Class 12 Physics (India)
- Refraction and Snell's law
- Refraction in water
- Refraction through glass slab
- Refraction and light bending
- Snell's law example 1
- Snell's law example 2
- Absolute & relative refractive index
- Relative & absolute R.I. connection
- Reflection and refraction questions
- Refractive index and the speed of light
- Connection between relative and absolute refractive indices
- Total internal reflection
- Worked example: Total internal reflection
- Total internal reflection
- Applications of Total Internal Reflection
Let's explore refraction of light through any parallel sided medium. Will also see why things appear to shift (lateral shift) when looked through such a medium. Created by Mahesh Shenoy.
Want to join the conversation?
- From10:26, he asks whether the lateral shift would depend on thickness of the glass slab and the direction of the incident ray of light. I do understand how it depends on the direction of the incident ray of light but how does it depend on the thickness of the glass slab?(3 votes)
- If you make the medium thicker the ray will travel for longer distance at the steeper angle before returning to be parallel with the incident ray so there will be greater lateral shift. Try drawing it.(5 votes)
- how can you say that an incident ray is parallel to emergent ray and the angle of incidence is equal to angle of emergence. pls clarify(3 votes)
- Objects seen through a glass slab appear different(distorted and closer/bigger).
But, when we see through a window made of glass, everything remains the same regardless if the window was open or closed.
Why are the two phenomena similar yet different at the same time?(1 vote)
- Hi...this is your answer
The shift in the image is directly proportional to thickness of glass slab. And the glass window is thin so change in image is very negligible. The bending or shift in the rays of light passing through window is not noticeable. So image doesn't appear different.
Hope it helps!(4 votes)
- At3:43, I didn't understand how or why the angle formed by light bending towards the normal with respect to the incident and refracted ray = angle formed by light bending away from the normal with respect to the refracted and emergent rays
that is, how de we know that both of the angle mentioned are equal (10 degrees, here)
What if one angle was 20 and the other 10?
Please do clarify me on this.(1 vote)
- Lets say we have a glass slab that is made up of certain materials having different density(let's say the density are arranged layer wise and the layers are having like one rarer and then one denser and bla bla). Then what will happen to the final refracted ray that comes out of the glass slab?(Taking the surrounding of glass slab to be air)(1 vote)
- What if we change the light degree, if i change the position of the light then the 10 degree will be different for sure. Then what will happen to the refracted light(1 vote)
- Why emergent ray
is parallel to refracted ray?(0 votes)
- I think there would be no change in lateral shift if the thickness or the orientation of the slab is changed. Am I right?
(As he asks at10:27onwards)(0 votes)
- If you make the medium thicker the ray will travel for longer distance at the steeper angle before returning to be parallel with the incident ray so there will be greater lateral shift. Try drawing it.(4 votes)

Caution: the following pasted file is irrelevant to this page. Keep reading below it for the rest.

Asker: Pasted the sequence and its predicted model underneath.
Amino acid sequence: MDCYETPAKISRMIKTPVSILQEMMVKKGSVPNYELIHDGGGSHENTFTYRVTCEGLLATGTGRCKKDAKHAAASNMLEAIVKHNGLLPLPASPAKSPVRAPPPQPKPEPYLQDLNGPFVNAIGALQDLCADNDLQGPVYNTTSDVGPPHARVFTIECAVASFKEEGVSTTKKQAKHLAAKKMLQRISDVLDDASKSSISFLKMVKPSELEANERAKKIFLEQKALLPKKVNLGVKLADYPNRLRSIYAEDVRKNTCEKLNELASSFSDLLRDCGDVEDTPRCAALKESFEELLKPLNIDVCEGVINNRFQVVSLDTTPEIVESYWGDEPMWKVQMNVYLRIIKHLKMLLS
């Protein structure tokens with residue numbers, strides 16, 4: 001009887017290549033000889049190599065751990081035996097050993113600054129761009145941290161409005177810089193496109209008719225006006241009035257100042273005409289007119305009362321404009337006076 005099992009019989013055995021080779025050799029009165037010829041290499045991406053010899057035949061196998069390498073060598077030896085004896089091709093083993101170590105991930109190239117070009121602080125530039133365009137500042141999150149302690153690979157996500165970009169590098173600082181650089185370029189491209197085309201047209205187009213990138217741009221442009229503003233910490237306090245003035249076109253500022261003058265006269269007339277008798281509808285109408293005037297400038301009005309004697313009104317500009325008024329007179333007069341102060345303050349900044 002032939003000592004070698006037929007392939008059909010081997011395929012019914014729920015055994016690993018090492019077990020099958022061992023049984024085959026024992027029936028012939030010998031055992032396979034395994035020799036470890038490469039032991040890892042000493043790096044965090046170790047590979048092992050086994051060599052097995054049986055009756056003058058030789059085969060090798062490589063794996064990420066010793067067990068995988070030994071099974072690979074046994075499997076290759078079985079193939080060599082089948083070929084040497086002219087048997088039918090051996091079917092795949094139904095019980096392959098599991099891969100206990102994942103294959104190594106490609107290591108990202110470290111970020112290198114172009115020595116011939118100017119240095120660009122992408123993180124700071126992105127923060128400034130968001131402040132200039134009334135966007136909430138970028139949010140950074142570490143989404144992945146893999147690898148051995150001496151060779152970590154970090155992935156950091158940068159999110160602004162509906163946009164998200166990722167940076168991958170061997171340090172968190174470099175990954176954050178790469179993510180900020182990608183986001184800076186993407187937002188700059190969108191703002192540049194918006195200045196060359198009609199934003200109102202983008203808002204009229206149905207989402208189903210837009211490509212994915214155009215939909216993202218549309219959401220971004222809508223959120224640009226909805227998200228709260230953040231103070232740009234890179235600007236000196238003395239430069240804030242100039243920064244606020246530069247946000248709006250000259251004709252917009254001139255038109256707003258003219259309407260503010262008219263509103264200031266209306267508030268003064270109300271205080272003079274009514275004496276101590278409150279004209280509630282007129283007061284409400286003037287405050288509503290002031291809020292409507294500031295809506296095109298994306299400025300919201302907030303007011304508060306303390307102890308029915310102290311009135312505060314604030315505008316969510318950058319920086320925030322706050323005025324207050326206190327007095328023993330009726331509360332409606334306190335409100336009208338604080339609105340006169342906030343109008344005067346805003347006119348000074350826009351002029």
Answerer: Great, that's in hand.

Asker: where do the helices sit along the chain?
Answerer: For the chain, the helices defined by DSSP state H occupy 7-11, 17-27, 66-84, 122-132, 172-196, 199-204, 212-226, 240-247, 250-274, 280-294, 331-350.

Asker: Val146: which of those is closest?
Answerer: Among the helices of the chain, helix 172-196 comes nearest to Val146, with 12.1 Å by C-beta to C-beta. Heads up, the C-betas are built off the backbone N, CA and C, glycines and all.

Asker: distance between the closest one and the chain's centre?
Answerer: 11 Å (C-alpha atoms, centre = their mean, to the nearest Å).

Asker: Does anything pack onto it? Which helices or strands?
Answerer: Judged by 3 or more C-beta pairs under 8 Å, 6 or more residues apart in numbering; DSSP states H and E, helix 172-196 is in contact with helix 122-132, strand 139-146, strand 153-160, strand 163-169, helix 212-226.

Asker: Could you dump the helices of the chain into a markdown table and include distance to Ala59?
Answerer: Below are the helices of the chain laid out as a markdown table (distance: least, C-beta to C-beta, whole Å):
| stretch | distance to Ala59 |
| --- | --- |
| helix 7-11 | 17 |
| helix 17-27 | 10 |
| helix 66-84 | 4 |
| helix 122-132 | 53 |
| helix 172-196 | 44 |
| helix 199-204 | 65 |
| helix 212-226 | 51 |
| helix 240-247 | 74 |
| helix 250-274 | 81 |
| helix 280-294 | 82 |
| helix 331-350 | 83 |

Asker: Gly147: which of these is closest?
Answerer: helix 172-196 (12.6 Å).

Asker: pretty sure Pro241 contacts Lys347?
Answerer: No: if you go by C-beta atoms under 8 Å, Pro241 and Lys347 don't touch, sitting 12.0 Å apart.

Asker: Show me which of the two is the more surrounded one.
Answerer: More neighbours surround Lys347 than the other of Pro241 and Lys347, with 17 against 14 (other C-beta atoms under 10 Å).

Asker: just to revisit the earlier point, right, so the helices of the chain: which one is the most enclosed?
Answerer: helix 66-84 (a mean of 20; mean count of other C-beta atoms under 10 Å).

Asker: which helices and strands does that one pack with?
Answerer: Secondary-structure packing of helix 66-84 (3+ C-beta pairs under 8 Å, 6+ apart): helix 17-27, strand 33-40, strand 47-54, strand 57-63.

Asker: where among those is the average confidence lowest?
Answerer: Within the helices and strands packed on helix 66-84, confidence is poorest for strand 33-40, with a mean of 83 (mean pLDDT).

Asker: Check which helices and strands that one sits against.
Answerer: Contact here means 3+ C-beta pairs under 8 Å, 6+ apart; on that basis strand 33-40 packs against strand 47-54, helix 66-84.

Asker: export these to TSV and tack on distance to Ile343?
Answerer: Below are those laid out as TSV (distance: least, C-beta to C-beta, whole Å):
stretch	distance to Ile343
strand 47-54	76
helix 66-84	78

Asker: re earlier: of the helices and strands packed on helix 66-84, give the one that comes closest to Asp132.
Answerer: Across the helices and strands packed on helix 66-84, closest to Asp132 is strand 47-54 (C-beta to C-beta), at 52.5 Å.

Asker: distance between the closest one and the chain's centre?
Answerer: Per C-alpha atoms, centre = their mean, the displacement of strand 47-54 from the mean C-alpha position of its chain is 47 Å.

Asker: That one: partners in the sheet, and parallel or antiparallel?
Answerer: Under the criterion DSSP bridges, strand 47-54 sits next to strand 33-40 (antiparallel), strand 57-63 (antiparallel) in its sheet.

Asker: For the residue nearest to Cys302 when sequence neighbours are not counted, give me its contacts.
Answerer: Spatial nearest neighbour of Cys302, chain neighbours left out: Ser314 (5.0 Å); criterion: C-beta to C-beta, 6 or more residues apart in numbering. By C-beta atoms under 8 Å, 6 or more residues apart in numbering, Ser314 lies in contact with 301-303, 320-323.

- If you look at the drawing of this dude through a glass slab, then you see that his body appears to be shifted. Why do you think is that happening? In this video we're going to focus on refraction through parallel sided media. What's a parallel sided medium? Well, let's take an example. Let's say we have a rectangular piece of glass, a very long rectangular piece of glass. You can say that the opposite sides of this piece are parallel to each other and so this is an example for parallel sided medium. It doesn't have to be glass, it can be any medium as long as its opposite sides, or its sides, are parallel to each other. So we're gonna focus on what happens when a ray of light falls on such a medium. So let's say we have a source of light. So you can imagine it's a bulb, or a laser pointer, or the Sun, or something like that, okay? And so, a ray of light, let's consider one ray of light that starts from here and gets incident on the surface. Well, we have already seen before that ray, that light, changes its speed when it travels from one medium to another. So, for example over here is vacuum, this is glass let's say, so when light travels from vacuum to glass, it slows down, as an example. And, as a result of this change in speed, it bends. Now, we have seen that before. And this bending is called refraction of light. And so, one of the ways to visualize this bending is we can just imagine that this source of light is shooting bullets. We can imagine light is made of bullets. So we'll just consider one such bullet that's been shot out from this source. And here it is, here is that bullet. Now, instead of a bullet, I've drawn a car, because it's, I like cars. It's easier to visualize this with a car. And so, as this bullet gets shot forward, it gets incident on the first surface of our glass piece. And now if we can zoom in a little bit, we will see that as the car enters this glass, only one of its wheel has entered first. And we have seen that light slows down in glass, which means this wheel slows down. But all the other wheels are pretty fast. And as a result, this car ends up bending this way because this wheel is faster than this wheel. And if you could draw a normal, we see that the car keeps bending towards the normal. And it keeps bending until the entire car has entered the medium, and then it keeps traveling in a straight line, until it starts exiting the medium. Now again, when it exits the medium, you can see that this wheel exits first. So it gets faster, and so now the car bends the other way. Again if we drew a normal, we see that this time it bends away, away from the normal. And again it keeps bending until the entire car exits the medium, and then it follows a straight line. And so the complete picture looks somewhat like this. And here is a picture of light actually going through a piece of glass. And you can pretty much see the same thing going on over here. Again, notice, these two sides are parallel to each other. Right, now you may be wondering, "Well what's the big deal? Why are we even talking about this?" Well here is the reason why. Over here, light bend towards the normal by some angle, let's call that angle as, I don't know, something like let's say 10 degrees as an example. Then when light exits, notice it bends away from the normal by exactly the same amount, 10 degrees. So over here it bent one way, towards the normal by 10 degrees. It bends here, away from the normal, by 10 degrees. Which means, the two bendings cancel out because they are in the opposite direction. One is clockwise, one is anti-clockwise. So, overall, the light has not suffered any bending at all. And that's the speciality of bending, or refraction through, parallel sided media. Light does not suffer an overall bending. So it comes back to its original direction. Now, one question you may have is, "How do we know that these two bendings are exactly the same?" And one way to convince ourselves of this is thinking of it this way. Suppose the ray of light was shot in reverse. Meaning the ray of light was incident over here. Then, this ray, after refraction, would travel like this and retrace the entire path backwards. This is called the Principle of Reversibility. And this is true because the routes of reflection, or refraction, don't depend on the direction in which the ray of light was incident, so it wouldn't matter. So, by using this, we can say that this ray of light, when it exits glass, must have deviated away, or bent away, by 10 degrees away from the normal. It must have, because it it didn't, then it wouldn't be able to retrace that path. And so from this, we can say that when the ray of light, that this ray of light exits glass, it must bend away by 10 degrees. And so, by that logic, over here also, it must bend away by 10 degrees. It's a profound, profound argument, and you can, you know, think about this for awhile. And as a result, what we see that there is no overall bending of light. Which means, it's as if this piece of glass didn't even exist, isn't it? Because that overall, there is no bending. SO that's the speciality over here. But of course, you can see one, one effect that the glass piece is having one the ray of light. And that is this ray of light is a little shifted sidewards compared to this. What I mean is if you were to back trace this, then notice, this is parallel to this way because we just discussed there is no overall bending, but it doesn't appear to come from the same point, it appears to come from somewhere over here. And as a result, we can now say that this way is shifted a little bit. So we can just draw over here this way, and we can say the ray of light has shifted by some amount, to the side. And this sidewards shift, which is caused by this piece, we give a name to it. We call that as Lateral Shift. Here, the word 'lateral' means sidewards. Lateral shift. So the two important consequences of a parallel sided media is that one, there is no overall bending of light, and two, the ray of light, after exiting the medium, is laterally shifted. Shifted sidewards a little bit compared to the incident ray. And so now we can understand what's really going on over here. Over here when we are looking at this dude, through that glass piece, you can clearly see that the head is above the piece of glass. Which means we are looking at the head directly. In other words, the rays of light from the head is directly entering into the camera. But the rays of light from the body enters through the glass before it enters into the camera. And so, if we are going to draw this situation, let me just go back, and let's say we were to draw this situation. Let's draw a couple of ray diagrams for that situation. So here is that same situation over here, here is that glass piece, something is engraved on that, don't worry about this, I couldn't find a clean piece of glass, don't worry about that. But, if we were to draw a ray of light from the head, and that ray of light is above this glass piece, and so it goes straight into the camera. But, a ray of light from the body, from some point onto the body, first enters into the glass. And thus it undergoes that lateral shift we just discussed. Which means, when we look from here, or when you put a camera over there, so if you put a camera or a eye over there, then this ray of light appears to come from somewhere over here. And that's why his body appears to be disconnected. Now of course I have exaggerated the figure over here, I've exaggerated the bending inside the glass, but that's pretty much what's going on. And that's why when you look from here, the ray of, his body appears to be shifted, as you can see. Alright, before we wind up, just a couple of questions to ponder upon. If we come back to this picture, here's a question. What do you think will happen if we were to introduce one more parallel sided medium? Sides which are, again, parallel to these sides. If we introduce it in the path of this way, do you think that the emergent ray, the ray that comes out of that medium, will still be parallel to the incident direction, or do you think it'll end up bending? Think about this for awhile. Alright, let's see. If we introduce another medium, completely different medium let's say, but again, parallel sided. Then, the same thing must happen over here as well. This ray of light must be in the same direction as this one because again, the bendings cancel out. But we already know that this ray is in the same direction as this one, therefore, this emergent ray must be in the same direction as this one. In other words, this ray must still be parallel. So you see, this is not limited to just one single medium. Even if you have multiple media, as long as they are parallel-sided, we will see that the final emergent ray suffers no overall bending. So if we were to draw a reference line, we see that this final ray is still parallel to this initial incident ray, and now this represents the total lateral shift that we are getting. And another important thing we can see, just from the diagram, is that this lateral shift that we get is independent of the distance between the two media. Let me just show you that. So, if you move the second medium, you will see that the emergent ray pretty much stays the same. The shift doesn't change at all. So even if we could take the second medium and connect it, if the two mediums were joined together, you can clearly see, in even this case, the emergent ray will still be parallel to the incident ray. So this is not limited to just one medium. It has nothing to do, it's nothing special about this single medium or this one. Remember, this property that we discussed is a property due to the parallel sidedness of our media. All right one super duper last thing which I want you to keep thinking about, is what'll happen to this amount of lateral shift if we were to change the thickness of the medium? Think about what'll happen if you were to make this medium thinner, or make it thicker? Think about this. And, how do you think lateral shift would change if we were to change the direction of the incident ray? Or maybe we were to turn this glass slab, how do you think, what do you think would happen to the lateral shift? Do you think it would remain the same, it would change? Think about this.